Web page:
Before proceeding, I should make clear just how rare a DLI infusion is for multiple myeloma. For example, the Scripps Blood and Marrow Center (BMT) at Scripps Hospital has been in operation for more than thirty years. They have performed perhaps tens of thousands of transplants of all kinds, including allogeneic transplants for myeloma. However, in all those years, there have been only three myeloma DLI patients at Scripps. The first one died almost immediately. The second survived, but the donor cells attacked him mercilessly for the rest of his life. I am the third. Three in about thirty-two years. The reasons are many: insurance (Medicare won’t pay for it), risk, and “First, do no harm,” just to name a few. DLIs are often performed for lymphoma, where they are far more predictable and much less dangerous. So DLI infusions are not rare in general, but are quite rare in myeloma (Holland and Britain do more of them). In America, they must be performed in a clinical trial in a research setting. I’m also quite sure that the cost of treating me for myeloma since 1998 is well over $1.3M.
The wholly unexpected reaction began the next day with a week in the ICU in complete misery and deliria. I think I was in hospital for a total of twenty-three days recovering, and, even then, left early because I wasn’t going to spend the last holiday season I might have in hospital. The graft-versus-host disease (GVHD) hit me like a cruise missile: I was lucky to have survived. I shrank down to 145 lbs, a ghost of my former self, and I was too weak to walk. Yet, and this is the astounding part, the DLI eradicated the cancer: I got the perfect result, complete remission, on the first try. (In myeloma, if the patient doesn’t achieve complete remission from the DLI, it will have done him little good.) According to the data I have, if I ever see myeloma again it will be years from now–and there is a chance I may actually be cured of it. For a myeloma patient, to get that chance, they must be prepared to die in the attempt. It’s not an unlikely outcome. I saw it as a choice between a year of dying and the possibility of cure. If it is possible to purge the emotion out of the decision, it’s a no brainer for someone with an otherwise good life. Once more, against long odds, I was given (and survived) the best response for which I could have wished. There are times I feel like the luckiest unlucky man in the world.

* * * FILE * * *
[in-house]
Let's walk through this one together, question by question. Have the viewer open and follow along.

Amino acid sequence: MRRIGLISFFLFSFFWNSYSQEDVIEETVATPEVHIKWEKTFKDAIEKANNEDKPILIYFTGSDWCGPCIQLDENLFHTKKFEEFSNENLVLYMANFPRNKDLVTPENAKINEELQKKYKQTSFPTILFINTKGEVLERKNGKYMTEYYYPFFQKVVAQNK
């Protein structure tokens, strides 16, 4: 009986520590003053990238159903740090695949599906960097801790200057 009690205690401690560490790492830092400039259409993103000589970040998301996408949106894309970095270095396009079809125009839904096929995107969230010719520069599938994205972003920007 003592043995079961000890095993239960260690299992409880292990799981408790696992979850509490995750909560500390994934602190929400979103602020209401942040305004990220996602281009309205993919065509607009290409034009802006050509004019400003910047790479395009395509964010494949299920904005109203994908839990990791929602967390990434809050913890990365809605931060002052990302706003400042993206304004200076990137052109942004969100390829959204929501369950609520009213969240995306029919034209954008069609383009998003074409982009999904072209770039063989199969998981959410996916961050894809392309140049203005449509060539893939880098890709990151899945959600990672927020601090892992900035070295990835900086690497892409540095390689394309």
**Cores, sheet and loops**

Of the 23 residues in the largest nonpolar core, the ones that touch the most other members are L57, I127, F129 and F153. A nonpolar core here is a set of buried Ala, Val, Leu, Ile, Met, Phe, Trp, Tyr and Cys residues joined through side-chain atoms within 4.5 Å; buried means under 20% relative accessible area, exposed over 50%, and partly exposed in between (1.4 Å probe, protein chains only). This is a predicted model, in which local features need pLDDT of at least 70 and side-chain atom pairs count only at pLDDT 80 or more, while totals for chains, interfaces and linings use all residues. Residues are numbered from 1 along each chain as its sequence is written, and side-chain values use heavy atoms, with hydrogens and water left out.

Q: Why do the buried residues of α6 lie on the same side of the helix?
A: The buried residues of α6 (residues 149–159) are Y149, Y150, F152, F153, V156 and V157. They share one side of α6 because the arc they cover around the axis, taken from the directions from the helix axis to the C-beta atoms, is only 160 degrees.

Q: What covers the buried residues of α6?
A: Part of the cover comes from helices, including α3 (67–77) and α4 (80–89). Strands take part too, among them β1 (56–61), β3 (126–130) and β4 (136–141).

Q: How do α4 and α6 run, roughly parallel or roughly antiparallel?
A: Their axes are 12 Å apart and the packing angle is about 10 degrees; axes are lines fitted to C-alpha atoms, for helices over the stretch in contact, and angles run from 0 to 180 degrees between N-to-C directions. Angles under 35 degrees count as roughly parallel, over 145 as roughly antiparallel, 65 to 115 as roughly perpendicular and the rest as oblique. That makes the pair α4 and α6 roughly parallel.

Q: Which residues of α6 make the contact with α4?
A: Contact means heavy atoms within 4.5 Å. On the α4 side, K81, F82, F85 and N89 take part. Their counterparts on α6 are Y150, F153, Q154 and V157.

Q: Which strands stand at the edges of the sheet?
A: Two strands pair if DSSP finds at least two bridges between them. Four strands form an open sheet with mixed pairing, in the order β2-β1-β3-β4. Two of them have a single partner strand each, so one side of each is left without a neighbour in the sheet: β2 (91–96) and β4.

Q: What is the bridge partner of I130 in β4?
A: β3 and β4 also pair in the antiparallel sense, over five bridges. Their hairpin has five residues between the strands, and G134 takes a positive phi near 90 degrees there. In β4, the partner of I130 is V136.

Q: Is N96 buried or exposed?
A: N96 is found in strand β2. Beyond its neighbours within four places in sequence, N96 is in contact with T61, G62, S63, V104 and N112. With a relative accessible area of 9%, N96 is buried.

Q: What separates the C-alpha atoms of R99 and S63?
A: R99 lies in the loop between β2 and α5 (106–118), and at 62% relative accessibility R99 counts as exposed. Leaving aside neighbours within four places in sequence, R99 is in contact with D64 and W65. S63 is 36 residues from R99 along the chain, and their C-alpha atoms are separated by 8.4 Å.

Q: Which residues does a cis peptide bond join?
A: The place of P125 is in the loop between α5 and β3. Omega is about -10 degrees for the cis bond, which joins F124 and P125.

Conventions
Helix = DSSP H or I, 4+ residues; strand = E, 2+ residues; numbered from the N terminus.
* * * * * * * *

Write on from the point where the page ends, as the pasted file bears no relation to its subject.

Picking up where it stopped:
The GVHD was necessary to destroy the cancer but was almost more than I could bear. I was going to title this post, “Let’s Talk Testicles,” largely because mine had swollen into one huge ball that gave me the most pain of my fourteen year battle with myeloma. Because I had become incontinent, I had to be cleaned up often, and I suspect my screams could be heard for quite some distance. I was surprised by the nurses who cleaned me up. I thought that senior nurses would have seen or done everything imaginable or possible, and as a result would be incapable of being thrown off balance; but when it came to being gentle with my flaming-red beachball, they were clumsy. Finally, I had to insist that I would do the maneuvering myself during cleaning: I had feedback so I could be gentle. If you’re not squeamish or underage–you’ve been warned!–click here for a picture of some other poor sod’s uni-testicle. My skin looked far worse than his, including a blood red tint. Few thought I’d survive.